That’s right, there is no other way to explain it other than it felt right.

Three days before Valentine’s Day 2020 (I never do things when I’m supposed to), my future husband was in the kitchen preparing his lunch for work the next day (you know back when people actually drove off to work). All of a sudden, I knew it was now or never. “Can I ask you something?” I said as he cooked something over the stove.

“Yes?” he responded while stirring.

“Will you marry me?” the words shot out and I began to tear up.

“Wait, let me turn off the stove,” he said. (I know, so romantic!)

You can fill in the blanks with the kisses, hugs and “Wow, this is really happening” exclamations, but I suspected “yes” would be the answer and I knew this was the appropriate time to ask, not mushy old Valentine’s Day.

Unbeknownst to us, the months to follow would be met with the cloak of COVID, and my dreams of a large, beautiful wedding, eventually winnowed to a gathering of 15 masked family members and friends outside during one of the hottest days of July.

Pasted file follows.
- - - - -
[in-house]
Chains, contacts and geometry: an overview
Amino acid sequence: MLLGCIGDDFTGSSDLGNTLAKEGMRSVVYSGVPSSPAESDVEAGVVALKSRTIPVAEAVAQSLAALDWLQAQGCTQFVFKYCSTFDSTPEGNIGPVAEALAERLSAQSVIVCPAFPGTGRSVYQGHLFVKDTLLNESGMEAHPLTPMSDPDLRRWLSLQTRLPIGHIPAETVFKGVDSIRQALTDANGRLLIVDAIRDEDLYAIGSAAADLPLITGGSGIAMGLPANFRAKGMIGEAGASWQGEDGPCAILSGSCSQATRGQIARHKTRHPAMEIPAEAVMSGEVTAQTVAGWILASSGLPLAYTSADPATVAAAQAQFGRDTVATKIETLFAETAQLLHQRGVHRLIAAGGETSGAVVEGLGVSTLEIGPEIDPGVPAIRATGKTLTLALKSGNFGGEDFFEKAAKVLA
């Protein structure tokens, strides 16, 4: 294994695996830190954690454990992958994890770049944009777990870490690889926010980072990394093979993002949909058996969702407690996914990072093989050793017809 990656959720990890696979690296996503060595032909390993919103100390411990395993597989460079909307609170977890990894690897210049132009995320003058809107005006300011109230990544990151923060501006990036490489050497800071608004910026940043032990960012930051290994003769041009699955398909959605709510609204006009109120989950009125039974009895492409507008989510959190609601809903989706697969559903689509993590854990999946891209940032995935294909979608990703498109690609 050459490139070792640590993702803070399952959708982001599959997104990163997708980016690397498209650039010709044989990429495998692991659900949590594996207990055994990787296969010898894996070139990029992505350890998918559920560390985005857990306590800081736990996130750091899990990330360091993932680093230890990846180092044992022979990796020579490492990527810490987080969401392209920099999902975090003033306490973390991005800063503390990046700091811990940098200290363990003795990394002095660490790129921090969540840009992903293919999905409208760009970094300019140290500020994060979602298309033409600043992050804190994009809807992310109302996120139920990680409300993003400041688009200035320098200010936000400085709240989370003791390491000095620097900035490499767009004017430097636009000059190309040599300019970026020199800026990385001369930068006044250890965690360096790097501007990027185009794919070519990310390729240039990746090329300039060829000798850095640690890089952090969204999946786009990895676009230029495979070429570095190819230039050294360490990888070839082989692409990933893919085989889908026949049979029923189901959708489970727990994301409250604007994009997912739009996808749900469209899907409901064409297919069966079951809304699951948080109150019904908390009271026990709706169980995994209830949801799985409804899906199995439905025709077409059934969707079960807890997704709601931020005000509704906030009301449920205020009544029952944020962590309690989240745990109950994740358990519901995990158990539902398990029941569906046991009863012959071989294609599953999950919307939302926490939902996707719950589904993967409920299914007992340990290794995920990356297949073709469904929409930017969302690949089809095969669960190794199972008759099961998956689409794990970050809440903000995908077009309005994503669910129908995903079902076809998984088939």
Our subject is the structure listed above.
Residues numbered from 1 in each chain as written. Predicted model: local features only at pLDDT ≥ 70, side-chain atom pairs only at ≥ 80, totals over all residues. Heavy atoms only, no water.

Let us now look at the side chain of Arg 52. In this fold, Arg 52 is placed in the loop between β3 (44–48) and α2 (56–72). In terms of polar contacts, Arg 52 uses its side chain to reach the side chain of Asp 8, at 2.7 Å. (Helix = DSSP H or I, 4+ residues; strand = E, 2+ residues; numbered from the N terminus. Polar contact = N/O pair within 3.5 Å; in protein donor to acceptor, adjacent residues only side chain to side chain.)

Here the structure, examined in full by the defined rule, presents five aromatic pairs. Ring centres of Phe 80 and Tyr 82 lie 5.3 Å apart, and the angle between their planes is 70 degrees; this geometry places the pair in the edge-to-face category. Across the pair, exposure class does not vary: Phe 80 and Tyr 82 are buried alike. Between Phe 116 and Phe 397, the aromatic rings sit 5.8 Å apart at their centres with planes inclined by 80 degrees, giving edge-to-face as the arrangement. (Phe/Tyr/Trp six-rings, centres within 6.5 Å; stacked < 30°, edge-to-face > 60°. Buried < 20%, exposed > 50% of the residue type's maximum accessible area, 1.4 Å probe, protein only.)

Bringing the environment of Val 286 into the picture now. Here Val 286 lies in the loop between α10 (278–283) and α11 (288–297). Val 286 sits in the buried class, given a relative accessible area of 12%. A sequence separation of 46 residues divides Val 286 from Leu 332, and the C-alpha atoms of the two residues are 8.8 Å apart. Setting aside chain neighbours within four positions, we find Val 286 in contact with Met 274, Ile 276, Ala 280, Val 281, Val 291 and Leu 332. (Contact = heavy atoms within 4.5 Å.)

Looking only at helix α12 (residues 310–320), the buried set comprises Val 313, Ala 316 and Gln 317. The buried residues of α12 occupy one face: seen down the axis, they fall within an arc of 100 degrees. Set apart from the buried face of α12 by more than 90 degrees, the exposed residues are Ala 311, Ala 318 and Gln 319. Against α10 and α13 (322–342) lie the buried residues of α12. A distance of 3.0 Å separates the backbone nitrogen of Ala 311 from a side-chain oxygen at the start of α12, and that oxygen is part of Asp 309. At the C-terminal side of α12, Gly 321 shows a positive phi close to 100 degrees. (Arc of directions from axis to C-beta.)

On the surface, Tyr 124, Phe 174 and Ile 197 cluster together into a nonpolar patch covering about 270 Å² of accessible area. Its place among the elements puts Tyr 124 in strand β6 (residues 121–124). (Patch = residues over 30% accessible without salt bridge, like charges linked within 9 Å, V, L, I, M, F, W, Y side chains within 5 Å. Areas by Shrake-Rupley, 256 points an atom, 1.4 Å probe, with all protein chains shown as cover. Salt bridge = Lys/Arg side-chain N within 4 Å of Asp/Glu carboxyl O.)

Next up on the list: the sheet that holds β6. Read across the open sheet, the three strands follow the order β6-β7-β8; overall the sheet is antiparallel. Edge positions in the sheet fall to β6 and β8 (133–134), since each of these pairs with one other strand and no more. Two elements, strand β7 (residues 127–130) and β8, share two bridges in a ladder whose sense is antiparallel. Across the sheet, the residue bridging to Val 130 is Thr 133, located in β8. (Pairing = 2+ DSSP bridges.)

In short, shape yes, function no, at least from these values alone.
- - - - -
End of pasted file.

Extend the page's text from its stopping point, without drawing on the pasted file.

That didn’t matter. It was the loveliest day of my life.

So, snapping back to my dilemma, you can imagine how I felt when I could not feel that band of carbon and titanium enshrouded upon my finger.

I calmed myself and walked into the kitchen, easily finding my ring.

I had no idea that a ring could create such a presence in a person’s life, but now that I’m married, I get it. At times I absentmindedly find myself rubbing that metal band and it reminds me what has changed in my life. I treasure that thing, just as I treasure my spouse.

And now that another Valentine’s Day has passed and I realize that soon we will celebrate our first anniversary, that band holds tighter and symbolizes us together.

The ring is something that now reminds me that I am loved, and after some not-so-grand Valentine’s Days, I now understand that sometimes it can take almost a lifetime of “things” before you get to the “right thing.”

And with that, I end this as “Poolside from PS.”